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To reduce recidivism and increase pro-social behavior by changing an offenders' thoughts, attitudes and beliefs through research-based cognitive programming.
Why Provide Cognitive-Behavioral Programming?
- Designed to change criminal thinking and behavior
- Hold offenders accountable for their behavior
- Interventions are structured and directive
- Effectiveness of these interventions in changing criminal behavior has been demonstrated in numerous scientific studies
The Cognitive Behavioral Unit of Risk Reduction Services conducted a four-year study to measure the effect Moral Reconation Therapy (MRT) had on reducing recidivism. The study began in 2004 and included more than 2,600 offenders at six GDC Transitional Centers (LaGrange, Albany, Coastal, Metro, Macon and Augusta). Results showed a 10% reduction in the return to prison rate for offenders who completed step seven or higher in the program compared to the control group.
Over twenty-five years of data and experience have now been accumulated on MRT®. Data from all sources show consistency and significant beneficial effects from use of this treatment method. Offenders at all levels of custody appear able to participate successfully in MRT® and staff trained in the method show enhanced effectiveness and enthusiasm. MRT® appears to reduce violations and increase success with probationers and parolees. In jails, community corrections, halfway houses, and prisons, MRT® results in significantly lowered misconducts (ranging from 40% to 55% less misconducts) and in significantly lower reincarcerations years after treatment (ranging in reincarceration rates 60% to 25% lower).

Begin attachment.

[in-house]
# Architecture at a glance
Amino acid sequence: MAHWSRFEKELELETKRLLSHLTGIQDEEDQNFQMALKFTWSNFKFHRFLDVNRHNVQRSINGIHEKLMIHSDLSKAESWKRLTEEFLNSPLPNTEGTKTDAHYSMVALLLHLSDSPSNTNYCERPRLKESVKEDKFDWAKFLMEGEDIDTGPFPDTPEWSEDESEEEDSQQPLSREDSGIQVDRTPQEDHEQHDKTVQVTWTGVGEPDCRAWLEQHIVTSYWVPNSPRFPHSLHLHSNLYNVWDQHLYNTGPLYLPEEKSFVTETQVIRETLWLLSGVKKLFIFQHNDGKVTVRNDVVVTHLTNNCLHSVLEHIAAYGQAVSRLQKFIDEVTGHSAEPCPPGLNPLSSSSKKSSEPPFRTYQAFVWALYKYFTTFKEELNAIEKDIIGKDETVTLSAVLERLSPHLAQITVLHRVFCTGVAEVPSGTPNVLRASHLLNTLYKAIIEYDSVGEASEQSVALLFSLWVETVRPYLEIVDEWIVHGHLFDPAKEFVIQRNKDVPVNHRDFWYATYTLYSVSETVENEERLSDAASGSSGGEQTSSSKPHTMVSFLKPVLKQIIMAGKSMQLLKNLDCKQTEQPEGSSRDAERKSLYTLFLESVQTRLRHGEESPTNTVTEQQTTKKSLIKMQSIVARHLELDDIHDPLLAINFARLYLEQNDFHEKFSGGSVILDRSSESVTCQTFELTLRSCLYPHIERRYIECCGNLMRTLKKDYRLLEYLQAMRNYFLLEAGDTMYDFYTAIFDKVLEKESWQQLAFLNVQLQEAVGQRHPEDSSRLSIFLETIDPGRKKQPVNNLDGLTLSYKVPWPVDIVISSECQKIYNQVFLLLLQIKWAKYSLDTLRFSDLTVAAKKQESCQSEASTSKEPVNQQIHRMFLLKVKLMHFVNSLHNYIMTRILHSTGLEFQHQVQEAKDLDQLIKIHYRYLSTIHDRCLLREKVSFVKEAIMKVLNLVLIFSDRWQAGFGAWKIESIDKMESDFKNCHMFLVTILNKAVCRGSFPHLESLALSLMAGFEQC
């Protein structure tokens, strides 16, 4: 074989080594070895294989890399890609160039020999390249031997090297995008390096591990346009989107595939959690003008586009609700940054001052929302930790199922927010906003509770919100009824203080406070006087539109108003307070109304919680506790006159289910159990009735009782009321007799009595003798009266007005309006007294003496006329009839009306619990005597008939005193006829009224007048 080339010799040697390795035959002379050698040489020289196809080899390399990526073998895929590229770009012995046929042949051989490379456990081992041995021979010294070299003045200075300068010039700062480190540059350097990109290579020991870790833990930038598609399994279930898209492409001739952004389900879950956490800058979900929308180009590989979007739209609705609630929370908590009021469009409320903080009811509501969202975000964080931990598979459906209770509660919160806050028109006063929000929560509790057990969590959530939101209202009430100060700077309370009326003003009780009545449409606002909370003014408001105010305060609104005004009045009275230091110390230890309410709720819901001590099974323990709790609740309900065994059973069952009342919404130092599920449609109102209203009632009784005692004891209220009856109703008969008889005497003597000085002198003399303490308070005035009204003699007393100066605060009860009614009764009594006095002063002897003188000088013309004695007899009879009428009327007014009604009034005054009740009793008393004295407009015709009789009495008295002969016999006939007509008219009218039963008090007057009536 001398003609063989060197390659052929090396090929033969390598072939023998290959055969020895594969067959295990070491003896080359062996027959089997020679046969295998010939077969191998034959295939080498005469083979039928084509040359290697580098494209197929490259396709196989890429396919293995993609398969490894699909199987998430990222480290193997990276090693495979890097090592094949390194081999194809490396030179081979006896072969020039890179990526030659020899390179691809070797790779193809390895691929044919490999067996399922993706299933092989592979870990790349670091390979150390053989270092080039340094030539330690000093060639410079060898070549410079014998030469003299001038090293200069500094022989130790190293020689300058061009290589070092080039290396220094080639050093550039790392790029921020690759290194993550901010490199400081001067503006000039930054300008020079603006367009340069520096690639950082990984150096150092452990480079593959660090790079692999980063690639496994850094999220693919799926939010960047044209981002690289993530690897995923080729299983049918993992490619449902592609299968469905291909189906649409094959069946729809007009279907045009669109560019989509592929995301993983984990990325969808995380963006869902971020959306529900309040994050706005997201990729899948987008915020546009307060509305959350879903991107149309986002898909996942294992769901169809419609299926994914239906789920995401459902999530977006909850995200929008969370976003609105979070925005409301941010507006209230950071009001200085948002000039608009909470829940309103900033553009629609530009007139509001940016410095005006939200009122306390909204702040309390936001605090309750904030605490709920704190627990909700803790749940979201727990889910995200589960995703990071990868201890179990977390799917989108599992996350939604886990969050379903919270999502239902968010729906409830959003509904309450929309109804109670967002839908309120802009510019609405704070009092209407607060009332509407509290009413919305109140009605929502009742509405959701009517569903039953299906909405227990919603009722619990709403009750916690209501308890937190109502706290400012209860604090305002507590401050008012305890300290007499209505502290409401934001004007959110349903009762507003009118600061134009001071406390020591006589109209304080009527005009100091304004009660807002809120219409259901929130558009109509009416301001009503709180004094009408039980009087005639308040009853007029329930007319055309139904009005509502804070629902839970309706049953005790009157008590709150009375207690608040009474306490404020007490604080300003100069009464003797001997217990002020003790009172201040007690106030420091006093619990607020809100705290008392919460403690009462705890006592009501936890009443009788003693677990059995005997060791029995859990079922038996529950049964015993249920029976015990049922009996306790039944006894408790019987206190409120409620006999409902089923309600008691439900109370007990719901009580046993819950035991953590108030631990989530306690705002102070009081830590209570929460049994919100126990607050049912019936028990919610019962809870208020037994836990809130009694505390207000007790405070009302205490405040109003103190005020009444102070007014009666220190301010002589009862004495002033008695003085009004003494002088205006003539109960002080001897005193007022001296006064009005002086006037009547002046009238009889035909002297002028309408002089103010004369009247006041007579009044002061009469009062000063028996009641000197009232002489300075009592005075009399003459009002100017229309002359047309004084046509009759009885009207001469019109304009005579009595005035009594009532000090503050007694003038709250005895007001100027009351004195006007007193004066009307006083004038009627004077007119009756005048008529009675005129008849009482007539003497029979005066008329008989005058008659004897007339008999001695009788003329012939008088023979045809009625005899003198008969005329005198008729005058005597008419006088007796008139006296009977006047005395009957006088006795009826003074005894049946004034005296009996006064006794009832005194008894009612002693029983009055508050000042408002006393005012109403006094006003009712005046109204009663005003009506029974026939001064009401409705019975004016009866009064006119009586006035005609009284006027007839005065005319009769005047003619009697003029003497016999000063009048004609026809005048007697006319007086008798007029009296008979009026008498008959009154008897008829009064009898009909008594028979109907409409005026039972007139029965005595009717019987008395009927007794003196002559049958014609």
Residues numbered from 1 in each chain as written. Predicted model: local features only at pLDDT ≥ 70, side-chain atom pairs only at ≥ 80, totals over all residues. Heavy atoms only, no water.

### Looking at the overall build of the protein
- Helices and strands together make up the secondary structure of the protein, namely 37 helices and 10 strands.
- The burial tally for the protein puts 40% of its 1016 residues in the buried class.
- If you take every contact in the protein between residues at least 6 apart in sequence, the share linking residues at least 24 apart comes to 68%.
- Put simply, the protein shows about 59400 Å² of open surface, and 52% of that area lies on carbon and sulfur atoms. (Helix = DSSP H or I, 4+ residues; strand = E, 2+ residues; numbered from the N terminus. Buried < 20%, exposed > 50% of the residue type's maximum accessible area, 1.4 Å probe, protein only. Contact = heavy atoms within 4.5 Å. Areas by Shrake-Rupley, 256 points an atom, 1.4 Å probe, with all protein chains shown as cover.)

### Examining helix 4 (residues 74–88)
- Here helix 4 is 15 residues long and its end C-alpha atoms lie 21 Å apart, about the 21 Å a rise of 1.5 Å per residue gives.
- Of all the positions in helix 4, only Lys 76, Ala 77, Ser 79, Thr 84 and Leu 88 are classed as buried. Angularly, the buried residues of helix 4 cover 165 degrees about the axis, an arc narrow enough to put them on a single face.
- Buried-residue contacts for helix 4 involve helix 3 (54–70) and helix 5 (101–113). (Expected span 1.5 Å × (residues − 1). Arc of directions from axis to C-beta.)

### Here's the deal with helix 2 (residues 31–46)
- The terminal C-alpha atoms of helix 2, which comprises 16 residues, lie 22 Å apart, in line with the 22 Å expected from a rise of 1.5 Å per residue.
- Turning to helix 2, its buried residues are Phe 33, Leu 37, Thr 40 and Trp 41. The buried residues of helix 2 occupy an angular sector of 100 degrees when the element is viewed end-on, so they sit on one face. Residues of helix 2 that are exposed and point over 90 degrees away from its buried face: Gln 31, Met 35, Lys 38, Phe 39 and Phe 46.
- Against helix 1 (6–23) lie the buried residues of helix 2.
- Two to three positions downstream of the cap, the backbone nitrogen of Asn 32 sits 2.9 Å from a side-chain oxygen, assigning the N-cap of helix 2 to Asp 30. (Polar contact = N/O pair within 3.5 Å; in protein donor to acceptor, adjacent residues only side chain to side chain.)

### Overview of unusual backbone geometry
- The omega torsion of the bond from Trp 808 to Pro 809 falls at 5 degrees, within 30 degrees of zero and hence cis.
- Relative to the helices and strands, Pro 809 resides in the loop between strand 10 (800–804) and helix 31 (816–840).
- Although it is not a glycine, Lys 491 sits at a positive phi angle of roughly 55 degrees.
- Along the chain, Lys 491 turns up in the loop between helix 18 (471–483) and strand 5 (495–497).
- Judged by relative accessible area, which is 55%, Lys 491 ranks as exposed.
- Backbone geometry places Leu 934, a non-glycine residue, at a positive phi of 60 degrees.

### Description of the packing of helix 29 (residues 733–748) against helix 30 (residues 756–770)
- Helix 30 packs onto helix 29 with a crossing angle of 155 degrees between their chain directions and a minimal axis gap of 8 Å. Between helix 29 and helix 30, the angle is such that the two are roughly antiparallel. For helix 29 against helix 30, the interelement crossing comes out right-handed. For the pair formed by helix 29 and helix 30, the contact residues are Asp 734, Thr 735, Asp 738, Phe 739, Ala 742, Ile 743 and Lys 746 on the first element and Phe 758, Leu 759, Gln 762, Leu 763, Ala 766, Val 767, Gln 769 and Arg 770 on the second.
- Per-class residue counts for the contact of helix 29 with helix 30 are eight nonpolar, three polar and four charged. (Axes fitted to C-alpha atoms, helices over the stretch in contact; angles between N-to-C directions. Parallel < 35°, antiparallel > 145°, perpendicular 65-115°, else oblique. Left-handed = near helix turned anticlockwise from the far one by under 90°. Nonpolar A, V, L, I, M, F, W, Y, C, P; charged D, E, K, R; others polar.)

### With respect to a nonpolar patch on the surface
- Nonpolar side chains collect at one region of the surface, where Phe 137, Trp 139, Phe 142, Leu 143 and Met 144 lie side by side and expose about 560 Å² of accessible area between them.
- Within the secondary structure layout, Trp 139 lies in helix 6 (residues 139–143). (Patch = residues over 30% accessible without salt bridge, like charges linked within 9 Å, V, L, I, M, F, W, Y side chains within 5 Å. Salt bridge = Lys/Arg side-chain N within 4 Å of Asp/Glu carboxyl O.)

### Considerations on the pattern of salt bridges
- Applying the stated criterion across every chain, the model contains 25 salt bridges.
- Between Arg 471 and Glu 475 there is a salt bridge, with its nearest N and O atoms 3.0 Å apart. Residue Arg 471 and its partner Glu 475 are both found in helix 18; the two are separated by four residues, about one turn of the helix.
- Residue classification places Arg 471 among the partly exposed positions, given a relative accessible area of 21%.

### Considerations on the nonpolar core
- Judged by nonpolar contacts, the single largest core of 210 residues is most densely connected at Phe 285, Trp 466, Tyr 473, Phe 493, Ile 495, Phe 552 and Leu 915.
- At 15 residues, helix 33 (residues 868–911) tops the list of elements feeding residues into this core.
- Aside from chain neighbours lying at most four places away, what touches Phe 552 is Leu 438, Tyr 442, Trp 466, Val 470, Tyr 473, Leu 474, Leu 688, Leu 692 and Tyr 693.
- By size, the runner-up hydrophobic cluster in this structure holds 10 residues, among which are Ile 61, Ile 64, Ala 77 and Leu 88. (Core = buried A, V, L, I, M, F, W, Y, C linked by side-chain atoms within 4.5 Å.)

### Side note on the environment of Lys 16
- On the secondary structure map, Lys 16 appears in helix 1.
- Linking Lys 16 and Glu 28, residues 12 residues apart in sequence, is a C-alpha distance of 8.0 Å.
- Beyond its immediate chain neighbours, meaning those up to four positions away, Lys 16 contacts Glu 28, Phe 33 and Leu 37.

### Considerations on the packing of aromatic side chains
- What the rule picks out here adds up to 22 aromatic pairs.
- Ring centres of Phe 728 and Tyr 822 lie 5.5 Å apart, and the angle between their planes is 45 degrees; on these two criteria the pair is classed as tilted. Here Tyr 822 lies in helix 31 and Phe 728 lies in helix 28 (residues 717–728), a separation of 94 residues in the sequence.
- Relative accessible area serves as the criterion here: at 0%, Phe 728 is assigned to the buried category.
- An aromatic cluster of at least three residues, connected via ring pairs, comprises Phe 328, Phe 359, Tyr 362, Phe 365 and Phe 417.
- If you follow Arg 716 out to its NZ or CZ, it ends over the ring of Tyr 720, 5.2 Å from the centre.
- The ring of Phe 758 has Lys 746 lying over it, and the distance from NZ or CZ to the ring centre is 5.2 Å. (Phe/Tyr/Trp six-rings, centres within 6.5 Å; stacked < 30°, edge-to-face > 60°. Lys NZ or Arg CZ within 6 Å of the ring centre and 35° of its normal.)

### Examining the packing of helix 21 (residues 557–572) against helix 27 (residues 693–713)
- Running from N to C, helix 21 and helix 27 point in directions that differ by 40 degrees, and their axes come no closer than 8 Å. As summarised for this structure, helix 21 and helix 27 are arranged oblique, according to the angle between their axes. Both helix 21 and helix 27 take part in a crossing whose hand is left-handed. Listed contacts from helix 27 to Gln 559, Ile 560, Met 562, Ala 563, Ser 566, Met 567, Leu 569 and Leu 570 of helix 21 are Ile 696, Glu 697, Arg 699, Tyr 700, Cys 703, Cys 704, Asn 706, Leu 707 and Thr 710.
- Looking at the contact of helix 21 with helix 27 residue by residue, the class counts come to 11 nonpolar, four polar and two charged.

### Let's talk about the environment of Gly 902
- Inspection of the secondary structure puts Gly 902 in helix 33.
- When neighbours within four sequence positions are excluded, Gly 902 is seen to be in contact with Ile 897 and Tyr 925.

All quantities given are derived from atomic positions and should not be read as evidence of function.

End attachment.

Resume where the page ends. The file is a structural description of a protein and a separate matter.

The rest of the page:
Profile of Cognitive-Behavioral Interventions
Moral Reconation Therapy (MRT)
MRT® was one of the first comprehensive, systematic attempts to treat substance abusing offenders from a purely cognitive behavioral perspective. In 1985, formal MRT® was developed by Dr. Greg Little and Dr. Ken Robinson by combining Smothermon's concepts with theories of moral development (Kohlberg), ego and identity development (Erikson), behavioral conditioning, Maslow's needs hierarchy, and Carl Jung's concepts. MRT® is an objective, systematic treatment system designed to enhance ego, social, moral, and positive behavioral growth in a progressive step by step fashion. MRT® has 12 to 16 steps, depending on the treatment population. MRT® attempts to change how drug abusers and alcoholics make decisions and judgments by raising moral reasoning from Kohlberg's perspective. Briefly, MRT® seeks to move clients from hedonistic (pleasure vs. pain) reasoning levels to levels where concern for social rules and others becomes important. Research on MRT® has shown that as clients pass steps, moral reasoning increases in adult drug and alcohol offenders and juvenile offenders. MRT® focuses on changing criminal attitudes, beliefs, values, thinking pattern, and behaviors. MRT® has proven to reduce the recidivism rate of offenders from 30% - 50% after 10 years of release.
Thinking for a Change (T4C)
T4C is an integrated, cognitive behavioral program for offenders that includes cognitive restructuring, problem solving, and skill-building. The program helps offenders identify the reasoning they use that reinforces criminal behavior. The program also helps them develop positive attitudes and beliefs to counter the negative ones that continue to get them into trouble. Many offenders ignore problems until they're too big for them to handle. That's why it's important for the T4C program to address this issue as well.
Currently, there are more than 400 trained cognitive facilitators in GDC. MRT and T4C are offered in over 100 GDC sites including state prisons, private prisons, and some county prisons.
Talisha Moody, Program Director 1
Risk Reduction Services